Выходить/выйти (часть первая)

by Don  

The Russian verb that means ‘to exit, walk out of, step out of’ is выходить/выйти:

Imperfective Perfective
Infinitive выходить выйти
Past выходил
Present выхожу
No such thing as
perfective present
in Russian.
Future буду выходить
будешь выходить
будет выходить
будем выходить
будете выходить
будут выходить
Imperative выходи(те) выйди(те)

The verb is most often used with the preposition из and the genitive case to indicate the place from which the subject is leaving. Although the essential meaning of the verb is 'to exit,' it often sounds stiff to use 'exit' in translation. A good translation will substitute other phrases that capture the same idea but flow better:

Маша вышла из комнаты. (Mary exited the room.)
(Mary exited from the room.)
Mary left the room.
Mary stepped out of the room.
Володя вышел из библиотеки без пальто и простудился. Vladimir stepped out of the library without his coat and caught a cold.
Как только гости выйдут из номера, горничная начнёт убирать. As soon as the guests step out of the hotel room, the maid will start straightening up.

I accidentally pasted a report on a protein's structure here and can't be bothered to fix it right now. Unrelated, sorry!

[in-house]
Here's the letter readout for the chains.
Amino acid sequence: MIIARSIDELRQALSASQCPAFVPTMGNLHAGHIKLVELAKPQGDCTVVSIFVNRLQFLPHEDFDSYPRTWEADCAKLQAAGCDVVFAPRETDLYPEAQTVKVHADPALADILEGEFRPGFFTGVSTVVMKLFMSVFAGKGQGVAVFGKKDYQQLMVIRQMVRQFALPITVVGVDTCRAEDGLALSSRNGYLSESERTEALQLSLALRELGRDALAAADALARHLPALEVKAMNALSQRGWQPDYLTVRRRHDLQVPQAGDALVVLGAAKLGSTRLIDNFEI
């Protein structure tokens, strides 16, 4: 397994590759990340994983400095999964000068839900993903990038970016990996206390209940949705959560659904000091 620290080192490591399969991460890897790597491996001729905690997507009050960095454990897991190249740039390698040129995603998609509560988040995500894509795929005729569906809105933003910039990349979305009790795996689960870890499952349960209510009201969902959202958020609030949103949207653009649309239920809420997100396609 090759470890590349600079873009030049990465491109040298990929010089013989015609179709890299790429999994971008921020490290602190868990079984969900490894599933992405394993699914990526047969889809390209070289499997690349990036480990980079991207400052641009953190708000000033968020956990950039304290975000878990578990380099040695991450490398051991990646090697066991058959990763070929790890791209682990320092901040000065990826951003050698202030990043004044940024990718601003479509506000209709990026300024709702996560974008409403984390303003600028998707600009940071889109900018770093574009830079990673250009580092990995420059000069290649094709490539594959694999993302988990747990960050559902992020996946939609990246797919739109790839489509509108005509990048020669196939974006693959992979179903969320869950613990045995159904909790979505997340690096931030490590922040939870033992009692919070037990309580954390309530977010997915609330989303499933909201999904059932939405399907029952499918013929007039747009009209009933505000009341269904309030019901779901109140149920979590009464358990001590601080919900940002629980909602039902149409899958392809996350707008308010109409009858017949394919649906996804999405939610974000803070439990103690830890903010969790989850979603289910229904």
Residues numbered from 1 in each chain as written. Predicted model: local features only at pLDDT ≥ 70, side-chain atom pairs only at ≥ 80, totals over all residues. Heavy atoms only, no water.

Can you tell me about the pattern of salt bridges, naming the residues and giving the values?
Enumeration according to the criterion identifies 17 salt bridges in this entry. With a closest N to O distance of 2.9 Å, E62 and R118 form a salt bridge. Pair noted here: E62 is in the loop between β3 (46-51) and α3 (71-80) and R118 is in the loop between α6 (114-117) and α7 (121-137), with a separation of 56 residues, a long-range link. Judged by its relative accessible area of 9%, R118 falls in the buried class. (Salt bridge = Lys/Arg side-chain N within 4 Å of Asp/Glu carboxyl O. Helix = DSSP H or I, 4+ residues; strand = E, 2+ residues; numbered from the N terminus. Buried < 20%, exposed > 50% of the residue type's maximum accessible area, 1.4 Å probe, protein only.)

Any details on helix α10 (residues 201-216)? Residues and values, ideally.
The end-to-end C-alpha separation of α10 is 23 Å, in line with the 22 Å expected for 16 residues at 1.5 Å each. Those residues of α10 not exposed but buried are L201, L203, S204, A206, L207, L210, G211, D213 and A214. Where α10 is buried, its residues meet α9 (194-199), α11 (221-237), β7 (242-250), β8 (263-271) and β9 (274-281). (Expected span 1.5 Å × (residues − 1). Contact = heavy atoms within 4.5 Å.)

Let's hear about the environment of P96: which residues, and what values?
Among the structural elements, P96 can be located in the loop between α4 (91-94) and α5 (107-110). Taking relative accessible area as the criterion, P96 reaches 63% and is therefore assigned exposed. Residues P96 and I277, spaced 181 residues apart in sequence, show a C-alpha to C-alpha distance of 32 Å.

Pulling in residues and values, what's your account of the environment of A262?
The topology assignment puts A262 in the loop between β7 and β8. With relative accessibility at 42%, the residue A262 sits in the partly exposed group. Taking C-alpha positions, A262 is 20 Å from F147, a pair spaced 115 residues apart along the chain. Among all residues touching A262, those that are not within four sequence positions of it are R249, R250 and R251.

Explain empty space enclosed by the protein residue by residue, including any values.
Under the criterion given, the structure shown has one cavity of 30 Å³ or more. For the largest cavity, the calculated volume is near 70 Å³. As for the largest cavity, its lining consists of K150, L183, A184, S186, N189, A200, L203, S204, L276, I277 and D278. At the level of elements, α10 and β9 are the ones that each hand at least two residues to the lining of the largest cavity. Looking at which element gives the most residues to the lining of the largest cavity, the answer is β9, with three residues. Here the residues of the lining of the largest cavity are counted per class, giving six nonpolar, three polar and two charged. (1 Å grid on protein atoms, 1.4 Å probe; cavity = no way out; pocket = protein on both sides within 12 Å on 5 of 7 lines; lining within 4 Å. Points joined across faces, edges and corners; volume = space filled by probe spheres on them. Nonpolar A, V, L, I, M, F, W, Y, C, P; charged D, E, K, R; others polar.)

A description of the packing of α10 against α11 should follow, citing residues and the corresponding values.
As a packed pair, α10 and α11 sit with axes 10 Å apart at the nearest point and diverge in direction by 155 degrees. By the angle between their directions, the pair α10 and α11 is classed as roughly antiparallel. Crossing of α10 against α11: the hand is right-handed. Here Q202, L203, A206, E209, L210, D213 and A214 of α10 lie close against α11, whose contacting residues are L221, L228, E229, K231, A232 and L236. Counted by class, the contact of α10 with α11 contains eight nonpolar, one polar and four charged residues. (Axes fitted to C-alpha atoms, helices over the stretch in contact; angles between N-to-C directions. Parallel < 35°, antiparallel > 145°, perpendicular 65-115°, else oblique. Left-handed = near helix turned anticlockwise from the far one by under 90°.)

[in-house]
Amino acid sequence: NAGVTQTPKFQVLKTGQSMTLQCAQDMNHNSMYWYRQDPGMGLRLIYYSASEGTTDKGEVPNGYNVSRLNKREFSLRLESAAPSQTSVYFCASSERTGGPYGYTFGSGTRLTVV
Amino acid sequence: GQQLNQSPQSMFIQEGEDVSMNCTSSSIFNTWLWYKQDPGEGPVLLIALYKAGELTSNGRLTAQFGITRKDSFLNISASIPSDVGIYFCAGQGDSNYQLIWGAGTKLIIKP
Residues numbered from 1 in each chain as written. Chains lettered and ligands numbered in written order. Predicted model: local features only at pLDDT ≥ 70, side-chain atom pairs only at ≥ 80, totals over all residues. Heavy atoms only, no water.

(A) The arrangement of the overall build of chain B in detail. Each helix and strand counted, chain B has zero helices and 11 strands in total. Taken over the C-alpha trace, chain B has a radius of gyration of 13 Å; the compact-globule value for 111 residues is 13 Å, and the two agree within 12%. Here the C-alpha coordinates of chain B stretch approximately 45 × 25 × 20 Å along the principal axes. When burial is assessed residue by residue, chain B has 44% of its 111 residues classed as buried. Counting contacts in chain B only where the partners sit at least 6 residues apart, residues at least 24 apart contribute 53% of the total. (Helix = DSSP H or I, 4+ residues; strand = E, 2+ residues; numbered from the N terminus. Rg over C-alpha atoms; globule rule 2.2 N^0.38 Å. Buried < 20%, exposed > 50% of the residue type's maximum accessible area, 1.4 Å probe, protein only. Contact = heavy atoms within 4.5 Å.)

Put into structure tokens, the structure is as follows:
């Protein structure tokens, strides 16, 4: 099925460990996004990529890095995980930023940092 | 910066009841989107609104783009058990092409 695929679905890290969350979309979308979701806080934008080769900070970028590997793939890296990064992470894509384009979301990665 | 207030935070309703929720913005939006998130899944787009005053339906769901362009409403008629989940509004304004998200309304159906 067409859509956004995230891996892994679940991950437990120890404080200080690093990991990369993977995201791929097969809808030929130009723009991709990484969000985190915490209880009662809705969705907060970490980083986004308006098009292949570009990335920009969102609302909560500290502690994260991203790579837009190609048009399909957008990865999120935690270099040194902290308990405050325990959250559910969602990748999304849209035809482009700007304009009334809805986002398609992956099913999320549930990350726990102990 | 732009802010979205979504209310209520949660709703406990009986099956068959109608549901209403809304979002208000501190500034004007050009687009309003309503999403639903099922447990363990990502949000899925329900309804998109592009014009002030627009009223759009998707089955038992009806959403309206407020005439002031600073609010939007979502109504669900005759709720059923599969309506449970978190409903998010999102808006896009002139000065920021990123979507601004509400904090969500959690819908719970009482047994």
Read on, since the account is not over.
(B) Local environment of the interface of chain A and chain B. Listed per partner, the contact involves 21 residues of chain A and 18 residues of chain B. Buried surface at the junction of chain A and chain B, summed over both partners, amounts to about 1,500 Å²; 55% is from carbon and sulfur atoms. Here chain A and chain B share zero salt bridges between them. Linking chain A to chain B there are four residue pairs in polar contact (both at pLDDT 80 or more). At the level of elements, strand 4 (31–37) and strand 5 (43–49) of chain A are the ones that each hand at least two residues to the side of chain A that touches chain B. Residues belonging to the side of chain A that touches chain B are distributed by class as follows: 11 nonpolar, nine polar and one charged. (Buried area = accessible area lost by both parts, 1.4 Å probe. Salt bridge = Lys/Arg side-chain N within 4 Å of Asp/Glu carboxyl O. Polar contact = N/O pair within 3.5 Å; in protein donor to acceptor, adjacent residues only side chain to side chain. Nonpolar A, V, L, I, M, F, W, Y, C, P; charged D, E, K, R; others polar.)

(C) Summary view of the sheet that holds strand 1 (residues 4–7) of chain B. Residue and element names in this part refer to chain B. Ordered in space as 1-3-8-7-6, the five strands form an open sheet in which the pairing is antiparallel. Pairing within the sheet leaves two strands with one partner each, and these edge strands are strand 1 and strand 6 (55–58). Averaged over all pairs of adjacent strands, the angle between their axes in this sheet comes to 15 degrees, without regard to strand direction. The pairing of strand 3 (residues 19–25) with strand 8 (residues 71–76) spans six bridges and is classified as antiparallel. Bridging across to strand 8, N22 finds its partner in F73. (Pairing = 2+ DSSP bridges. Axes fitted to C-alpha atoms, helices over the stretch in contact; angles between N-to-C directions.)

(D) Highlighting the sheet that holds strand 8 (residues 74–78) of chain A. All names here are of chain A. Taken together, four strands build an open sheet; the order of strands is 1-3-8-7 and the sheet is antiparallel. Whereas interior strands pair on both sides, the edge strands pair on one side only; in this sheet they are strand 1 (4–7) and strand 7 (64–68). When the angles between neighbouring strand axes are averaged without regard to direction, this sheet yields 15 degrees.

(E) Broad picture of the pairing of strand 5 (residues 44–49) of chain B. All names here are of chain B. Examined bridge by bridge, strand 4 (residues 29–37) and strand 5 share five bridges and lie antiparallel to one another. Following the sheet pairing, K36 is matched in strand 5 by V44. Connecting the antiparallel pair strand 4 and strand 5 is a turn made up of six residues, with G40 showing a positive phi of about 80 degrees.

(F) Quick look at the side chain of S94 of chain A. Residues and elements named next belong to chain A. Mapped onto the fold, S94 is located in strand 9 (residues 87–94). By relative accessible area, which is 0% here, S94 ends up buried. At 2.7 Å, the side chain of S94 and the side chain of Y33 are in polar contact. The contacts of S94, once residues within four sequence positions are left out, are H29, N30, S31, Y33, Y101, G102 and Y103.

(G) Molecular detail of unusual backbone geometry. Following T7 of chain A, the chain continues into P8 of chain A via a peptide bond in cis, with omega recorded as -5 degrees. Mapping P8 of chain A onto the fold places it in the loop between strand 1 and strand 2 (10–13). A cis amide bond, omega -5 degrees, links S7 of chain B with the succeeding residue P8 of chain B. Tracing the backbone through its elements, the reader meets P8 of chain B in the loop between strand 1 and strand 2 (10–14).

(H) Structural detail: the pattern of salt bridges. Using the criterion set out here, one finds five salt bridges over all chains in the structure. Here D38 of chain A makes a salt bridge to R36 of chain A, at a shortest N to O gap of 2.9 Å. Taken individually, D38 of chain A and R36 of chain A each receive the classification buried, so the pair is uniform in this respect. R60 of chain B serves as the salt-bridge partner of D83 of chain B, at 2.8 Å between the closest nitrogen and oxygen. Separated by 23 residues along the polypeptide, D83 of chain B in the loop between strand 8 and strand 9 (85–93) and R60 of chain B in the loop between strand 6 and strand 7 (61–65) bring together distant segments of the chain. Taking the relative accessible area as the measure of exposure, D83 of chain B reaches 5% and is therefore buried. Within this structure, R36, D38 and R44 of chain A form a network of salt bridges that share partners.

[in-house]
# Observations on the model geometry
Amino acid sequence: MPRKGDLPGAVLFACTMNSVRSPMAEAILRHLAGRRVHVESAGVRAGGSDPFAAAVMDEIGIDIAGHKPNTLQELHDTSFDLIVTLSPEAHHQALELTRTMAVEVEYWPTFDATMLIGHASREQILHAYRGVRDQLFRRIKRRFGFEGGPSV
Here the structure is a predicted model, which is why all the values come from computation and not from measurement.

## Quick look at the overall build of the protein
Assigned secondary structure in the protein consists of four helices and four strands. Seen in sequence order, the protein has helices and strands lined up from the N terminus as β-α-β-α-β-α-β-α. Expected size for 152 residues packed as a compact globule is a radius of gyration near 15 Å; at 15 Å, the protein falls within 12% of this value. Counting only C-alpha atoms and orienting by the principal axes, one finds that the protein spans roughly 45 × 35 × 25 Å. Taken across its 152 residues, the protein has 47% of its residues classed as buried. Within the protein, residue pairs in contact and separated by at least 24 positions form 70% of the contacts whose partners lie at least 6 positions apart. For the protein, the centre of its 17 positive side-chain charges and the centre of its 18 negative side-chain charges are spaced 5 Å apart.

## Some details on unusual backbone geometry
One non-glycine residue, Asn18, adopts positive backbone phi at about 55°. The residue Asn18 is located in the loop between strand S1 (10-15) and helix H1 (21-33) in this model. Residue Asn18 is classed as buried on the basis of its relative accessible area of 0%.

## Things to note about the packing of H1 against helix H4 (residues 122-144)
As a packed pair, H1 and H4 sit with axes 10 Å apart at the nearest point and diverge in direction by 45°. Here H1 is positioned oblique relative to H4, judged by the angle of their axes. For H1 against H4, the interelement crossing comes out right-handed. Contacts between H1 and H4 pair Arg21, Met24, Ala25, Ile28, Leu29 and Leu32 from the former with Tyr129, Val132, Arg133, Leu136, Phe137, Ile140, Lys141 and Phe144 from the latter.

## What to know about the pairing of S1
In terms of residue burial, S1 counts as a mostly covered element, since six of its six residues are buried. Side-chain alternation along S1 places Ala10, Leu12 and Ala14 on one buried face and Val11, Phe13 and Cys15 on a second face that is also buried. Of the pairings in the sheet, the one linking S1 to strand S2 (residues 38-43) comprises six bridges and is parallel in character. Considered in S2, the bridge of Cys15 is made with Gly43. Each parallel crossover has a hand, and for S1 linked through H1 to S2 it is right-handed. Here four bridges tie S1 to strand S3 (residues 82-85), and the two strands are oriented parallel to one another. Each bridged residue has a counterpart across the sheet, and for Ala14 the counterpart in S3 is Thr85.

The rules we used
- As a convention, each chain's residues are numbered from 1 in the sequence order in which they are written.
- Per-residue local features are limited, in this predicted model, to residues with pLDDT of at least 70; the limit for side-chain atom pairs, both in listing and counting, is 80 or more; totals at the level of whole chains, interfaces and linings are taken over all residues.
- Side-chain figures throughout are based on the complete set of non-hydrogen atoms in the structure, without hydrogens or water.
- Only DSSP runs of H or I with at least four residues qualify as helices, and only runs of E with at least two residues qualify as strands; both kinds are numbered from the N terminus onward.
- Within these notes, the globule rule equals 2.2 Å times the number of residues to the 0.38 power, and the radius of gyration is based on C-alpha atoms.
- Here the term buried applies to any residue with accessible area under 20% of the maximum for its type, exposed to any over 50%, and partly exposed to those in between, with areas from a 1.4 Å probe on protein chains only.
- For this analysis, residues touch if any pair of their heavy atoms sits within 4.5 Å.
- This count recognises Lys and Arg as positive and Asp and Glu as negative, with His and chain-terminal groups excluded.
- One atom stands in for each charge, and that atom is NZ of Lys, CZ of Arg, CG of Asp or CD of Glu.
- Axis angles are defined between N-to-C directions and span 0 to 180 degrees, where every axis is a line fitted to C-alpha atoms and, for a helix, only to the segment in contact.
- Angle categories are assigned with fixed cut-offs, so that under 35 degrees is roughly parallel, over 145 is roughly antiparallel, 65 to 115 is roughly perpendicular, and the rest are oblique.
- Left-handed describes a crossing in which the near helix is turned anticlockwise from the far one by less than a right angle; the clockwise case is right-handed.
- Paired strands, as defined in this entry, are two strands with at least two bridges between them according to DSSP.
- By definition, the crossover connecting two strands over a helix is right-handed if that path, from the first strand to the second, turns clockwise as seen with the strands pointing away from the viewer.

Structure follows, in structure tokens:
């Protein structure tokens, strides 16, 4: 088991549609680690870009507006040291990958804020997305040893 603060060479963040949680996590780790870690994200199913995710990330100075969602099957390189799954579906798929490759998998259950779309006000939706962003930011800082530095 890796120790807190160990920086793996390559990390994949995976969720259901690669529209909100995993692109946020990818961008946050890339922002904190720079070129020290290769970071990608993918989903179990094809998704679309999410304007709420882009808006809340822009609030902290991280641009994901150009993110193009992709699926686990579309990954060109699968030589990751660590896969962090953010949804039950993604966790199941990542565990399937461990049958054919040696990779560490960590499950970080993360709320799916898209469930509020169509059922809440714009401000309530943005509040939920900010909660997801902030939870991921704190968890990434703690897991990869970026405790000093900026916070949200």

Когда пассажиры выходят из метро, их окружают цыганские дети. When passengers come out of the subway, they are surrounded by gypsy children.

1 comment

Comment from: Bob [Visitor]  

Dear Dan, I’ve been reading these entries for the last several weeks. They’re wonderful. I’m hooked. Thank you.


P.S. I have one petty question about the history of transliteration: why is the Russian x represented as “kh"? When I started learning Russian and got to the x I was overstriking the K–because that’s how its pronunciation was transcribed. But when I learned to pronounce the x, I realized the K was in the way. Why isn’t the transliteration of x x? It’s an odd and tricky letter in English already. We could handle incorporating the Russian x, don’t you think?

Don responds: There are quite a few systems for transliterating Russian into Latin letters, and some of them do use English x to transliterate Russian х. When transliterating for a general audience, it’s probably best to use a system that will help them approximate the original pronunciation. Most English speakers will probably pronounce “x” as [ks], which is a far cry from the original; “kh” is a bit closer and so is a better choice for general audiences. Plus in English there is a history of representing some fricatives with digraphs using h (cf. sh in ship, th in thin, ph in phone), so slightly more sophisticated readers will probably catch the implication. My two cents.

08/24/10 @ 19:47

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